Building equipment capabilities Immediate responders need to recognize that applying pressure to a bleeding vessel is the appropriate first action to take and that their hands are a first-line resource. In most cases, control of external hemorrhage can be accomplished by applying direct pressure on the bleeding vessel. Hemostatic dressings and tourniquets may be needed to effectively stop bleeding. For this reason, the Hartford Consensus recommends that all police officers and any concerned citizens carry a hemostatic dressing, a tourniquet, and gloves. This guideline should also apply to all EMS/fire/rescue personnel. Ground and air medical transport vehicles should carry multiple dressings and tourniquets based upon local need. In addition, bleeding control bags should be accessible in public places as determined by a local needs assessment. Potential sites for bleeding control bags include shopping malls, museums, hospitals, schools, theaters, sports venues, transportation centers (such as airports, bus depots, and train stations), and facilities with limited or delayed access. All hemostatic dressings and tourniquets must be clinically effective as documented by valid scientific data. The Tactical Combat Casualty Care guidelines for the U.S. military contain objective evidence to support the safety and efficacy of the various options for tourniquets and hemostatic dressings. Contents of the bleeding control bags should include the following:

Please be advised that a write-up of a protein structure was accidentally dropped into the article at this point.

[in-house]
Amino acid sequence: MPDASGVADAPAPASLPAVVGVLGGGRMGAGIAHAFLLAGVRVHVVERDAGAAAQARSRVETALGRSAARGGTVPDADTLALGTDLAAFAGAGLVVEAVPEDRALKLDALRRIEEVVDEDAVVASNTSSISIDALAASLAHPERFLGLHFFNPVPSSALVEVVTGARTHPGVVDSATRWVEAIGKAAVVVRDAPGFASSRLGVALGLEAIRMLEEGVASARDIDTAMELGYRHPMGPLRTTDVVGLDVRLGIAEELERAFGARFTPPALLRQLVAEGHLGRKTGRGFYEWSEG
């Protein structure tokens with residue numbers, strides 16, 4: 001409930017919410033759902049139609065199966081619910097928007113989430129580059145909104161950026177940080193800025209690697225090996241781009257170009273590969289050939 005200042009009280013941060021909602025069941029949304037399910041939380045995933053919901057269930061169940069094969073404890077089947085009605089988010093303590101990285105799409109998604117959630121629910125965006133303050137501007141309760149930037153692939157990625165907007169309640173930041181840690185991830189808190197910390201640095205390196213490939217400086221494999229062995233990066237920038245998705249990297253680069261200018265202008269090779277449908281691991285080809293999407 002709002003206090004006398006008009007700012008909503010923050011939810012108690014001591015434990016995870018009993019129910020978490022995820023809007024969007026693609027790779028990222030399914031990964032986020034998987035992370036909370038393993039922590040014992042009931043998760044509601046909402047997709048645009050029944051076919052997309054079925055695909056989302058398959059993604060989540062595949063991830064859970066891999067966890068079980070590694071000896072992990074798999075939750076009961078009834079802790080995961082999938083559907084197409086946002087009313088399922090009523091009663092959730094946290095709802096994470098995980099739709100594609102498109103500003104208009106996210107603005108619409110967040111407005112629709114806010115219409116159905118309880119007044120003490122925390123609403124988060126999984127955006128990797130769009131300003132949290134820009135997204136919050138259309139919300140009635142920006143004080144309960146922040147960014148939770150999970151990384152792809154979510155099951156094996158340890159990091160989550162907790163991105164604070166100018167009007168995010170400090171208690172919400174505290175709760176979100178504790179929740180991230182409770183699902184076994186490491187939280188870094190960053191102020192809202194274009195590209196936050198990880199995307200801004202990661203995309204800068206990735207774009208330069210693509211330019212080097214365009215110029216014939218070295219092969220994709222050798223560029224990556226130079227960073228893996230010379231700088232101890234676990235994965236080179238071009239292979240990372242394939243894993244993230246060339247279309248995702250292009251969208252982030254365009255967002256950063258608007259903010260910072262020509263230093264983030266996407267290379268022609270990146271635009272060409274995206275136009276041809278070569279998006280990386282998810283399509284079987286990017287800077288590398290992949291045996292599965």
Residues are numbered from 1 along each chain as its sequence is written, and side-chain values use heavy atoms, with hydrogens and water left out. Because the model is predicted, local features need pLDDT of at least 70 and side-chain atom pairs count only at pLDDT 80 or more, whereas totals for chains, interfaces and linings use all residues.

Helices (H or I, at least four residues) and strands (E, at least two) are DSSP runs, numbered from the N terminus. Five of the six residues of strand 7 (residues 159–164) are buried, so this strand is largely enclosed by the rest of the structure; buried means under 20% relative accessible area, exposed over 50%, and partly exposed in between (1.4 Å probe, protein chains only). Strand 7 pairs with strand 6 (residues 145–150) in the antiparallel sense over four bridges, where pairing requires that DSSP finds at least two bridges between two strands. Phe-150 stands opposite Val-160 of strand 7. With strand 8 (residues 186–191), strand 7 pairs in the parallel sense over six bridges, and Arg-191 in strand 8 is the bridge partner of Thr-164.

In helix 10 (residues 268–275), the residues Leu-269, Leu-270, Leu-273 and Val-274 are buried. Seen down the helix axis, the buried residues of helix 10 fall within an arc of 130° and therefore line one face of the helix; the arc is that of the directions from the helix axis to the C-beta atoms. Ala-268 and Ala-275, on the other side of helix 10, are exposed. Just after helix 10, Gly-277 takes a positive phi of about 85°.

• Pressure bandages • Safe and effective hemostatic dressings • Effective tourniquets • Personal protective gloves
Placement of bleeding control bags should be as follows:
• Next to all automatic external defibrillators based on local need
• Immediately recognizable visually or via a Web application
• Secure but accessible locations
• Able to be used within three minutes
Building resources for bleeding control programs Procurement of equipment and training for bleeding control requires action at the federal, state, and local levels, as well as in the private sector. Tourniquet and hemostatic dressing procurement should reflect either the evidence and experience that the U.S. military has gained in the last 13 years of war or scientific evidence that becomes available. Federal agencies should make elimination of preventable death from hemorrhage a priority issue that will influence funding. At the
One-handed tourniquet application
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HARTFORD CONSENSUS III
Immediate responder hemorrhage control
state and local levels, government should interact with the private sector to identify potential risks at public venues and workplaces. It is also important to note that municipalities can engage in fundraising activities at the local level to procure equipment. Professional organizations should set standards that encourage education, equipment, and training for immediate responders, which should be offered as a measure of public safety. Volunteers can be a resource to provide the training. Considerations for the development and sustainability of bleeding control programs include the following: